Venetian gondolas tethered to the banks of the Grand Canal make a gentle “slap, slap” sound as they bob up and down on the water. Recently, I was fortunate to spend a few days in this surreal and improbable city to attend a wonderful family wedding (postponed for a year because of Covid). When I think back on my trip, these auditory and visual memories are the first to come to mind.
From a side street, I descended the few marble stairs into the Piazza San Marco, my footsteps treading where thousands if not millions of Venetians and visitors trod over the centuries to marvel at the expanse of the square, pray at the Byzantine domed church, play a coyly masked hide and seek under the gallerias during Carnevale, and sip coffee and be seen at the elegant cafes lining the Piazza.
In the back streets and canals away from the main square, the sun comes in at a slant, creating shadows that lend an air of mystery to ordinary places where (fewer and fewer) ordinary people live, ordinary people who still hang their laundry outside on lines tracing from one building across the street to another.
In Venice you must have the seafood of the lagoon because it tastes like no where else. If there’s “terroir”-the taste of the earth, then I believe there must be “maroir” (yes, I made that word up) a taste of the sea. And you must also eat at an enoteca or wine bar (bacaro in Venetian) and have cicchetti (Venetian tapas), the small and not so small inventive combinations of bread and salumi or crustaceans or vegetables that pair with a glass of wine and make for a nice small lunch or afternoon snack. If you’re in town, go to Osteria da Carla, Corte Contarina 1535, 30124, a combination tiny enoteca in front, small osteria (informal restaurant) in back. They are traditional and modern, creatively updating classics in a simple unfussy way.
Venice is the home of the alternating Art and Architecture Biennales, which are held in individual nations’ pavilions in the Giardini (gardens) and in the enormous warehouse-like buildings of the old Arsenale (naval shipyard and armory). This year, it was the turn of the Biennale of Architecture. The theme was “How Will We Live Together?” Good question. It was heavy on the conceptual, with the occasional built exhibit. The American offering was an airy multi-story structure exploring the ubiquitous use of soft woods to frame the supporting structure of American houses. One pavilion consisted of an empty building with QR codes on the wall. You needed a smart phone to access the codes and free WiFi was provided. That got old pretty quickly, though. The Canadian pavilion offered “Imposter Cities,” an exploration of how the movie industry uses sites in Canada to stand in for cities around the world. The pavilion is partly wrapped in green fabric, a “green screen,” if you will. Images are accessed via a QR code on the side of the building, which had nothing inside. This time there was no free WiFi so I couldn’t open the QR. What’s that phrase–“there’s no there, there”? I think the whole thing must have been an example of Canadian humor.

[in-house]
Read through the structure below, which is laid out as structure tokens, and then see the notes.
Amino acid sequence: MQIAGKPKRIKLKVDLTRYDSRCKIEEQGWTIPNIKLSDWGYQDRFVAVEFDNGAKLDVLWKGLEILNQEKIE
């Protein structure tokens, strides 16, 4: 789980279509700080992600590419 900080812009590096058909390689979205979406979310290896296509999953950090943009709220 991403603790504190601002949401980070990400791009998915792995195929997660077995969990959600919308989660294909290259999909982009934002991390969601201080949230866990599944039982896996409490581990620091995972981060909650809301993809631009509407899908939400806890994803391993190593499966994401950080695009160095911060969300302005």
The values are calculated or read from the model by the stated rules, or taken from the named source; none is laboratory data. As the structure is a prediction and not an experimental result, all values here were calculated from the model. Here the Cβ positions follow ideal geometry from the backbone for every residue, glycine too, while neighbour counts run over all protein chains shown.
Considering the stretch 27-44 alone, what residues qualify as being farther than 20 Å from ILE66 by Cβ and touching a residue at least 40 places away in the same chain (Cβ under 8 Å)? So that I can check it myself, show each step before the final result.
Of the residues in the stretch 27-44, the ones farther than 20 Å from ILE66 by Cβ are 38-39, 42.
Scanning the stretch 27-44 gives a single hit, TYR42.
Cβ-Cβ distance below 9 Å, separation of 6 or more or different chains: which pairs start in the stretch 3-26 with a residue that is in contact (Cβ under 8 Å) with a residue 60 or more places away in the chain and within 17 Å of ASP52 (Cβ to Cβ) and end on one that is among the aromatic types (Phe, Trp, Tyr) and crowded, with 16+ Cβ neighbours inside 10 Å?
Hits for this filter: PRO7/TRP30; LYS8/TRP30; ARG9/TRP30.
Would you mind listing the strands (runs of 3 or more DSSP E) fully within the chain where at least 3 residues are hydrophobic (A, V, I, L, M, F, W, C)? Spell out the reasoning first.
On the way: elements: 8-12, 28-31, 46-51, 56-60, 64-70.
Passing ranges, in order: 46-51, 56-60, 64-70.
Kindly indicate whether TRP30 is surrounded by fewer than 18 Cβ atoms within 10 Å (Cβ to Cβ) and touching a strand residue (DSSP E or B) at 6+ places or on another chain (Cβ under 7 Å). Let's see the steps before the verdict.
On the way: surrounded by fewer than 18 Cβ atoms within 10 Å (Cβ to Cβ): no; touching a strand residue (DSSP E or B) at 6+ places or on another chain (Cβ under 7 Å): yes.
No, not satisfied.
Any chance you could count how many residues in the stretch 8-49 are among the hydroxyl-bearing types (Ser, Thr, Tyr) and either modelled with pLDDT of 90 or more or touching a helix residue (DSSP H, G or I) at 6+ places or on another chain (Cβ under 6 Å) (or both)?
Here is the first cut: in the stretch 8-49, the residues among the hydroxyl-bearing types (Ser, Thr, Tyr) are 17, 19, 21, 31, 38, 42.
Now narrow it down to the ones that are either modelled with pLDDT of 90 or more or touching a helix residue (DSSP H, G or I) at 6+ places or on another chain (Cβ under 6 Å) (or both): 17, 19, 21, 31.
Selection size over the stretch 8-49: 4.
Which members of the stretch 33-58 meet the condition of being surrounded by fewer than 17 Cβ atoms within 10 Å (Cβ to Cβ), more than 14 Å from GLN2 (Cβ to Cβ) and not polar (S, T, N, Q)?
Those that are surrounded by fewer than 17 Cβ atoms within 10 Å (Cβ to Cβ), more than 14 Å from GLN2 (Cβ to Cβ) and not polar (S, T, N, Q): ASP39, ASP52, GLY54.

On our way home from Venice, we stopped in Paris to soak up that energetic and elegant vibe. While Paris can have brilliant sunny days, it’s the muted northern light that stays with me, how it washes the colors into pastels, blending sky, buildings and the Seine into a luminous and diaphanous whole.
On our way into the city from the airport we saw scenes of desperation, homeless people attempting to exist on the roadside, gaunt features etched with hunger and hopelessness. Most appeared to be refugees, and a reminder of the ongoing displacement of huge masses of people–to echo the Biennale, “How Will We Live Together?” indeed.
We made two museum stops, the Musee D’Orsay and the Louvre. It was like visiting old friends… “Good to see you again, Nike of Samothrace, you’ve obviously been working out” and making some new ones, “Enchanté, Famille Dubourg by Henri Fantin-Latour, it’s a pleasure to make your acquaintance.”
Though lively and busy, it was not hard to snag an outdoor table for four at the Café de Flore 172 Boulevard St Germain, 75006 for a bite of lunch and to watch” le tout Paris” go by. By the way, what theater it is to watch the professional Parisian waiters do their thing; we witnessed one hold a tray with one hand and open a champagne bottle with the other, magic! Lunch was delicious, the coffee too; I took home a couple of their paper coasters as a souvenir.
Within 72 hours of our flight home we stopped in a local pharmacy to get our rapid COVID tests. Little testing tents dot the city and getting tested is very easy. Fortunately, we were all negative. In Paris, we showed our vaccine cards everywhere and wore our masks indoors and in crowds. Italy, well, was perhaps a little more lax about showing the vaccine cards. We wore masks continuously while getting to the airport, within the airport, and on the plane going and coming. These are the realities of travel in the time of COVID. The one good thing is that on the way back the plane was empty –European travel to the US is restricted. That is supposed to change in November when the US opens back up to travel.
Travel has become so much more complex and confusing even; rules seem to change weekly. First with 9/11, and now with COVID the hassle factor has increased enormously. One wonders whether it’s still worth it. And yet, though it comes with necessary increased risk management, I found that for me, travel has not lost its gravitational pull and I realized how very much I missed it.
Pia De Girolamo is a modernist painter who lives in the Greater Philadelphia area. Her most recent work up to the Covid 19 pandemic was based on the landscape both natural and urban in places as varied as Patagonia, Iceland, Rome, Italy and the Arctic. Visit her website to see more of her work.